Perrotin Tokyo, in collaboration with Nanzuka, is pleased to
present two concurrent solo exhibitions by New York-based
artist Daniel Arsham. This show marks the artist’s first
exhibition at Perrotin Tokyo and fourteenth solo show since
joining Perrotin gallery in 2005.
Daniel Arsham, since 2013, has transformed a variety of modern
cultural objects – with obsolescence built into their DNA – into
crumbling relics. Through the evolution of his Fictional Archeology
series, Arsham established his signature sculptural style which
employs a unique casting technique to produce objects made from
earthly substances including volcanic ash, obsidian, carbon dust
and rose quartz.
カラー・シャドウ (Color Shadow) groups together a series of
cast sculptures made from geological materials, plaster and metal,
and, for the first time, bronze, a new format for the artist. Consistent
with Arsham’s broader practice and his relationship to architecture,
these cast works of childlike stuffed animals are placed strategically
on the ground in careful relation to one another within the gallery’s
exhibition space. Taking this a step further, the artist has covered
the walls of the gallery from floor to ceiling so that they appear
eroded and degraded, creating an atmosphere in which the entire
architectural space is being engaged.
Alongside these pieces, Arsham will exhibit a new body of work
introducing a renewed focus for the artist. Using original fabric
patches pulled from his past of Cookie Monster, Batman, and a
smiley face, Arsham has scaled these objects up in size, creating
shaped wall works that uncover new information in fascinating
detail. In the artist’s words, “These works are all typical pop culture
ideas, similar to the selection of Fictional Archeology pieces.
They were always selected because they were cross-culturally
iconic and recognizable. The works, for me, should exist in Japan in
the same way they would in New York or Chicago.”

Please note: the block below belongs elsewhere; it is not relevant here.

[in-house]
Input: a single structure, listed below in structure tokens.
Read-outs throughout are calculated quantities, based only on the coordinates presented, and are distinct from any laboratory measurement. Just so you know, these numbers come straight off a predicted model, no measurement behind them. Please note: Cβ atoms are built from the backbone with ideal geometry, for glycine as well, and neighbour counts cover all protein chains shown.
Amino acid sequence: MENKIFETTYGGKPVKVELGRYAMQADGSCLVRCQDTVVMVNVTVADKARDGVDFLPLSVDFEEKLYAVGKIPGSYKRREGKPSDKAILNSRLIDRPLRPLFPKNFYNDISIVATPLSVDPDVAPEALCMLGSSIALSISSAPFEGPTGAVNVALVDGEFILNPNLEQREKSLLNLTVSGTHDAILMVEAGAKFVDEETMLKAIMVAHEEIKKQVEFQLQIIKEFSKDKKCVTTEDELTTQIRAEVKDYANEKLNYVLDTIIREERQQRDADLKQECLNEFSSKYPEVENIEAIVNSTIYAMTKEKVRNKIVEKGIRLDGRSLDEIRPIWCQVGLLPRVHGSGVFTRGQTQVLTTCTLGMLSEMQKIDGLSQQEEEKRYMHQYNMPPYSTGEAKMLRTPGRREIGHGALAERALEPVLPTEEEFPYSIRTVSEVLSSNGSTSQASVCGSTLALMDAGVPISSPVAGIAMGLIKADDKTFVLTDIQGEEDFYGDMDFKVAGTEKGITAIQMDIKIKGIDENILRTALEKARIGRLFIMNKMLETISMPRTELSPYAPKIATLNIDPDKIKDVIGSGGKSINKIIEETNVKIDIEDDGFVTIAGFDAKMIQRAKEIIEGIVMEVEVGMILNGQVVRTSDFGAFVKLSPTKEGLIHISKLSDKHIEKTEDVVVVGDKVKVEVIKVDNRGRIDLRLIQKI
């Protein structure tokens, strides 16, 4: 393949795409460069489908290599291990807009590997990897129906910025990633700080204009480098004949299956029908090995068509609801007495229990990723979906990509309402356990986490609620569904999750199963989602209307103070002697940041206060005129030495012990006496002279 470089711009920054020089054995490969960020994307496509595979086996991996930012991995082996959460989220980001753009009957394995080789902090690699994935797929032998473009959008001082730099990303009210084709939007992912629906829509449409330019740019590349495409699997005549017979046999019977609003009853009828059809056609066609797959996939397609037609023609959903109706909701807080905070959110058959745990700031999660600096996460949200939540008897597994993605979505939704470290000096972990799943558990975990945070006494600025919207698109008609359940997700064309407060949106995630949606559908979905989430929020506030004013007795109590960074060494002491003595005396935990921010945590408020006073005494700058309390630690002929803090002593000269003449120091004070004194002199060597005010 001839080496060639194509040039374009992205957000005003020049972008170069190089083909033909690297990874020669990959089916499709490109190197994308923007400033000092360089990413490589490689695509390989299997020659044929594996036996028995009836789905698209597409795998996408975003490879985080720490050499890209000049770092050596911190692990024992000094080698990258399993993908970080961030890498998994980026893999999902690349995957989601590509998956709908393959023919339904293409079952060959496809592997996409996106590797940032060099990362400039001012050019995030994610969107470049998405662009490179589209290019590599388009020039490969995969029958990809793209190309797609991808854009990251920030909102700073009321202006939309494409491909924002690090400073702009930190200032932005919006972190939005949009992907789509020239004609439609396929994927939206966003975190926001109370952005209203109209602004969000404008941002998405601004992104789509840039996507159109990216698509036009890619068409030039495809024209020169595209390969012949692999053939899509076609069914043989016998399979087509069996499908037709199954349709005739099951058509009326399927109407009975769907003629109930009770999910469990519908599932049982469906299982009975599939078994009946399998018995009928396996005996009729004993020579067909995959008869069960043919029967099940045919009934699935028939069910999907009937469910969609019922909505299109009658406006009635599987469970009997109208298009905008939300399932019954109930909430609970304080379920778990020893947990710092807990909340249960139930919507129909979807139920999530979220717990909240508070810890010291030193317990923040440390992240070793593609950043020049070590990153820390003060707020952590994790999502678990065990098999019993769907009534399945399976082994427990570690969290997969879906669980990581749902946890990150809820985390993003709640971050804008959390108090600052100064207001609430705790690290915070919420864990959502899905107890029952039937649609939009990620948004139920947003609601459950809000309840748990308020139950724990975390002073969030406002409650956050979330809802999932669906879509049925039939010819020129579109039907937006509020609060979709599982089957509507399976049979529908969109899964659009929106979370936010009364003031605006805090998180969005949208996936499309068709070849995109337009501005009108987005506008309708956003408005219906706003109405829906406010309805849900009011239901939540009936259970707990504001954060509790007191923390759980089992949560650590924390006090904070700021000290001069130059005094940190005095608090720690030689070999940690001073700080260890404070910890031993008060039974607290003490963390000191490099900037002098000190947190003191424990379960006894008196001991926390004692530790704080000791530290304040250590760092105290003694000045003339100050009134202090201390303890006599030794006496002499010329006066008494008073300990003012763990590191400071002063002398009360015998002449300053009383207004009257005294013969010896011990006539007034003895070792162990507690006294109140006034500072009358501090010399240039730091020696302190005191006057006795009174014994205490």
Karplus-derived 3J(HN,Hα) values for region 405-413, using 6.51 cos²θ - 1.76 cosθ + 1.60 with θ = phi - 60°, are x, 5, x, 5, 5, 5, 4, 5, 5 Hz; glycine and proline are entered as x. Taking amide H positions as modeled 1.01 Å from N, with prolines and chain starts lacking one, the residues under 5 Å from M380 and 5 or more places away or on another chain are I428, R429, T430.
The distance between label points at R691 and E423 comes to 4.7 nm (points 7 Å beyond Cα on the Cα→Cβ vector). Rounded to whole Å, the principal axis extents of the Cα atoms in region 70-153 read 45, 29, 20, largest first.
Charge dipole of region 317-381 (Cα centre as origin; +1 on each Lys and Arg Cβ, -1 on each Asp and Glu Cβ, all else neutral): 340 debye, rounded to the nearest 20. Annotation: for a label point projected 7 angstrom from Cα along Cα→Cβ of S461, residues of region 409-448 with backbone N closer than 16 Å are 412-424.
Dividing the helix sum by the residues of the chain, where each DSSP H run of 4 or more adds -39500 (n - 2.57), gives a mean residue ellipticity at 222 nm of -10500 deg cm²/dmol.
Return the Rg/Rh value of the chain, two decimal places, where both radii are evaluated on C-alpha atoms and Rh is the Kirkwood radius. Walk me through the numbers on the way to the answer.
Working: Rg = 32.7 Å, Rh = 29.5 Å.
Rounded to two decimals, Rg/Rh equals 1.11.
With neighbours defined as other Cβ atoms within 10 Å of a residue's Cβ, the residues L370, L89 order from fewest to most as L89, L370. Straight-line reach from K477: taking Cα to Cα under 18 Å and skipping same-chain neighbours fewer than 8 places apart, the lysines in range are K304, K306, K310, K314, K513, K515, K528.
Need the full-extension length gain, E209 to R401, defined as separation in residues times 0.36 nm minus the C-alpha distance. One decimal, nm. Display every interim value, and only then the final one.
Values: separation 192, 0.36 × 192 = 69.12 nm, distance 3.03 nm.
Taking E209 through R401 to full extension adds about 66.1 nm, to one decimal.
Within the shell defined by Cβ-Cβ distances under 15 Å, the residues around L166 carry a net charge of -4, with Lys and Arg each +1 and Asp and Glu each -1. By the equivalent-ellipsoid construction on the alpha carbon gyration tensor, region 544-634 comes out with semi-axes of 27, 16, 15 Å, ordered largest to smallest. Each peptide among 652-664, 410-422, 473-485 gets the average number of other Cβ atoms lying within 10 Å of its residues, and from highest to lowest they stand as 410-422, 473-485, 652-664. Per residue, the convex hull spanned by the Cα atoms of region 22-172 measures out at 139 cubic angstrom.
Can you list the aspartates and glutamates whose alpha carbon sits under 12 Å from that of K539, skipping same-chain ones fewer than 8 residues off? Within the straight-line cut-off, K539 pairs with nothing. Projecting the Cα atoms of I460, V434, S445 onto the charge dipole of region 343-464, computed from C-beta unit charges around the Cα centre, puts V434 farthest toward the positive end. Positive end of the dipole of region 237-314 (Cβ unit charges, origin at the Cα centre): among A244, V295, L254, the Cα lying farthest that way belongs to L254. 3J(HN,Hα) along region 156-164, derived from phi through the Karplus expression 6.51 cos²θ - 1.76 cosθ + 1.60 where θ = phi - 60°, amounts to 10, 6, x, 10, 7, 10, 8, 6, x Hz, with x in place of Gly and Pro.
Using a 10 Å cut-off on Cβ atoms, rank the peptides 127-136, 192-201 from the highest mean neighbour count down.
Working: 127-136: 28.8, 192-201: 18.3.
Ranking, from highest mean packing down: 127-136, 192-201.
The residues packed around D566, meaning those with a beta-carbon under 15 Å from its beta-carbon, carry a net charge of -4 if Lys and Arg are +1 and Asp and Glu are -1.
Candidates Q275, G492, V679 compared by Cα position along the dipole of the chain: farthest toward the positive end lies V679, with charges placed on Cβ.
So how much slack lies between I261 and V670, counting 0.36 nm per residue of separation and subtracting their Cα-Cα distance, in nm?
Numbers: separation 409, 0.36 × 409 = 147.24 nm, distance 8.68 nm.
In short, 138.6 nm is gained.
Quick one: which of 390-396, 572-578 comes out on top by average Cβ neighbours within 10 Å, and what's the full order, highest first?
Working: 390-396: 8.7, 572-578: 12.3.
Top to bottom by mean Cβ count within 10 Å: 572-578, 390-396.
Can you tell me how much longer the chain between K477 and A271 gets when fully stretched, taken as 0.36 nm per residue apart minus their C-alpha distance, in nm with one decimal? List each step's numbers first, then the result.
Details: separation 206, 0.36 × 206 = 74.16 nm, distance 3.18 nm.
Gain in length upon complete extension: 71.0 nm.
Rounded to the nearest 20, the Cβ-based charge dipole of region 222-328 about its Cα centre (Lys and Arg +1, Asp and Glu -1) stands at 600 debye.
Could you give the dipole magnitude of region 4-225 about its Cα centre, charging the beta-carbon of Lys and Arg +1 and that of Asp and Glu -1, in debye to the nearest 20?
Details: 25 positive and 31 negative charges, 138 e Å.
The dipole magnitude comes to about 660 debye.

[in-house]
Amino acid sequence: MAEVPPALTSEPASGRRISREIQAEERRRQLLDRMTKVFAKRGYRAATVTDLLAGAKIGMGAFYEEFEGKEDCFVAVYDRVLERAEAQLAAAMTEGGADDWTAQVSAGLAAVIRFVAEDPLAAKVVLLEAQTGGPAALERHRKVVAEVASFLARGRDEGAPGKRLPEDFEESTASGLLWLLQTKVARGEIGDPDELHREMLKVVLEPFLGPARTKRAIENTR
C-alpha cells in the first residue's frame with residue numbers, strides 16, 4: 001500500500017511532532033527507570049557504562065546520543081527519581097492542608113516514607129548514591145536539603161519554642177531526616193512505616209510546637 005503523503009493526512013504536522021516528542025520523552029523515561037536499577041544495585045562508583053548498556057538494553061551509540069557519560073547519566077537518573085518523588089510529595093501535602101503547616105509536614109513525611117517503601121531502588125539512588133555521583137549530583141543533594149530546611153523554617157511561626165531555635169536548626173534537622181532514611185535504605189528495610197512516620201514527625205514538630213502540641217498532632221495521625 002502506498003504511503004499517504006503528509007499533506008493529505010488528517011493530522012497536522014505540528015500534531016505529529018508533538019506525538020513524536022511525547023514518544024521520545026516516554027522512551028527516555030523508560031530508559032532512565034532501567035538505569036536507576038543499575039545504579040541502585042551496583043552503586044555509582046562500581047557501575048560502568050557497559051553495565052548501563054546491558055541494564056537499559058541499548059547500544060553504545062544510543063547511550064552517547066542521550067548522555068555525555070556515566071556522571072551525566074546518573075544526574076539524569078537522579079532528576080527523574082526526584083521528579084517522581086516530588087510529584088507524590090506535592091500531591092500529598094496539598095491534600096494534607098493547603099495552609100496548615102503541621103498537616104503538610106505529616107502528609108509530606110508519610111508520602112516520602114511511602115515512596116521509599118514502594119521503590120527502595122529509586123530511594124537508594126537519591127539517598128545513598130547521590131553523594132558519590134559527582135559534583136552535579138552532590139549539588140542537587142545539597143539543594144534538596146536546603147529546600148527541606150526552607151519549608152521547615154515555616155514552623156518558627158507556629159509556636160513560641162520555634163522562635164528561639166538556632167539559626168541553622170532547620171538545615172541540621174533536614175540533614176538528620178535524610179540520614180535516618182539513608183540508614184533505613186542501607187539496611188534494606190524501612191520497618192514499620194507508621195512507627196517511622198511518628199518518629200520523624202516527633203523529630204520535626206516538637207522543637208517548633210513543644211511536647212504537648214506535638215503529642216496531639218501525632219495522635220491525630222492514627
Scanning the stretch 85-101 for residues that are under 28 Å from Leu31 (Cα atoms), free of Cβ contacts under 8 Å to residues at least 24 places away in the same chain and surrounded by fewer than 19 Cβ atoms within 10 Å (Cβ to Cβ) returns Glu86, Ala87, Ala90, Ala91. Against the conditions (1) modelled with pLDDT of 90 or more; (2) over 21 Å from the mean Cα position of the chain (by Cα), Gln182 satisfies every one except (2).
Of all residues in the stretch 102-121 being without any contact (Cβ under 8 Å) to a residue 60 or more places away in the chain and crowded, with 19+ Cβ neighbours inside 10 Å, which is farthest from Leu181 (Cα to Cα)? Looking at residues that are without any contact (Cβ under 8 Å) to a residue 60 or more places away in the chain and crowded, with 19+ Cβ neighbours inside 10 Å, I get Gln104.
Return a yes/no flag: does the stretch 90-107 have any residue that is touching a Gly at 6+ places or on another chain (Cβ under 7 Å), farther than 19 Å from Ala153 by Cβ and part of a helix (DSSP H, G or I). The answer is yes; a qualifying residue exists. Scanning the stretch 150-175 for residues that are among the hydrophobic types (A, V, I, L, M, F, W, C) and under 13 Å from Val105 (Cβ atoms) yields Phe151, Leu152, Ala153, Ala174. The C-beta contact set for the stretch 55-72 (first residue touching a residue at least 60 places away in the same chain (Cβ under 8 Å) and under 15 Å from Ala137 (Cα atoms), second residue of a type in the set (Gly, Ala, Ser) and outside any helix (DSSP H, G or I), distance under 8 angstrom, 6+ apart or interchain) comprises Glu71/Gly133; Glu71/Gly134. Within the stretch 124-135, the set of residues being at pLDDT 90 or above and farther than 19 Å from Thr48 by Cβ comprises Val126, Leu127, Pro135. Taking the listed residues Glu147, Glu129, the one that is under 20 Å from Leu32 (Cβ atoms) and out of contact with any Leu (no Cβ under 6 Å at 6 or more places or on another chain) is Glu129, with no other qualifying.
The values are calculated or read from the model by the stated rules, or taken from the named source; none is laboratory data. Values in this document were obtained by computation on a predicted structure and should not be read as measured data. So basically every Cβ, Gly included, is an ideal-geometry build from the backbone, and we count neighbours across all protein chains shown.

In this new series, Arsham explores the visceral material qualities
seen in his earlier pieces while taking the process a step further.
The color chiaroscuro found in Arsham’s patch pieces, and referenced
by the show’s title, provide a new added dimension to the works.
An earlier experience with a pair of EnChroma glasses used to correct
the artist’s colorblindness led this a new articulation of color.
Removing all the original colors and replacing it with one pigment
where the shadows naturally should fall, Arsham re-creates the illusion of
a single light source but in an unfamiliar, hyper-realized way. This idea
evolved from specific moments in which the artist encountered
colors in either bright or very dim light that appeared indistinguishable
and difficult to identify on the color spectrum.
Simultaneously, and in complement to the Perrotin show, Arsham
presents アーキテクチャー・アノマリーズ (Architecture
Anomalies), a solo show at Nanzuka gallery in Tokyo, which features a
separate body of work from his show at Perrotin, with the exception
of Falling Clock. Created out of fiberglass, a simple clock tilts to one
side, appearing dramatically caught within the soft folds of white
fabric falling down the wall. Interacting directly with the architecture
of the gallery, Arsham creates embedded forms which appear to
reach out towards viewers, much like the pieces he made for his
recent show at the VDNH Museum in Moscow, Russia in the Fall of
Born in 1980 in Cleveland, Ohio, and raised in Miami, Florida,
Daniel Arsham attended the Cooper Union in New York City where he
received the Gelman Trust Fellowship Award in 2003. Solo
exhibitions of his work have been organized at the VDNH Museum,
Moscow, Russia (2017); the High Art Museum, Atlanta, GA
(2017); the SCAD Museum of Art, Savannah, GA (2016); the
Contemporary Art Center, Cincinnati, OH (2015); the Fabric
Workshop, Philadelphia, PA (2012); and Storefront for Art and
Architecture, New York (2011). Select group exhibitions and
biennials include the Yichuan Biennial of Contemporary Art, Nigxia,
China (2016); the OCA Museum, Sao Paulo, Brazil (2015); Musée
d’Art Moderne, Saint-Etienne, France (2014); the Museum of
Contemporary Art, Chicago, IL (2013); the New Museum, New York
(2011); the Athens Biennial in Greece (2009); and MoMA P.S.1,
New York (2005); amongst others.
Arsham’s work is featured in numerous international public and
private collections, including the Blanton Museum of Art at the
University of Texas, Austin; the Centre Pompidou, Paris; DIOR
Collection, Paris; The Four Seasons, Miami; the Museum of
Contemporary Art, Miami; the Pérez Art Museum Miami (PAMM); and
the Walker Art Center, Minneapolis.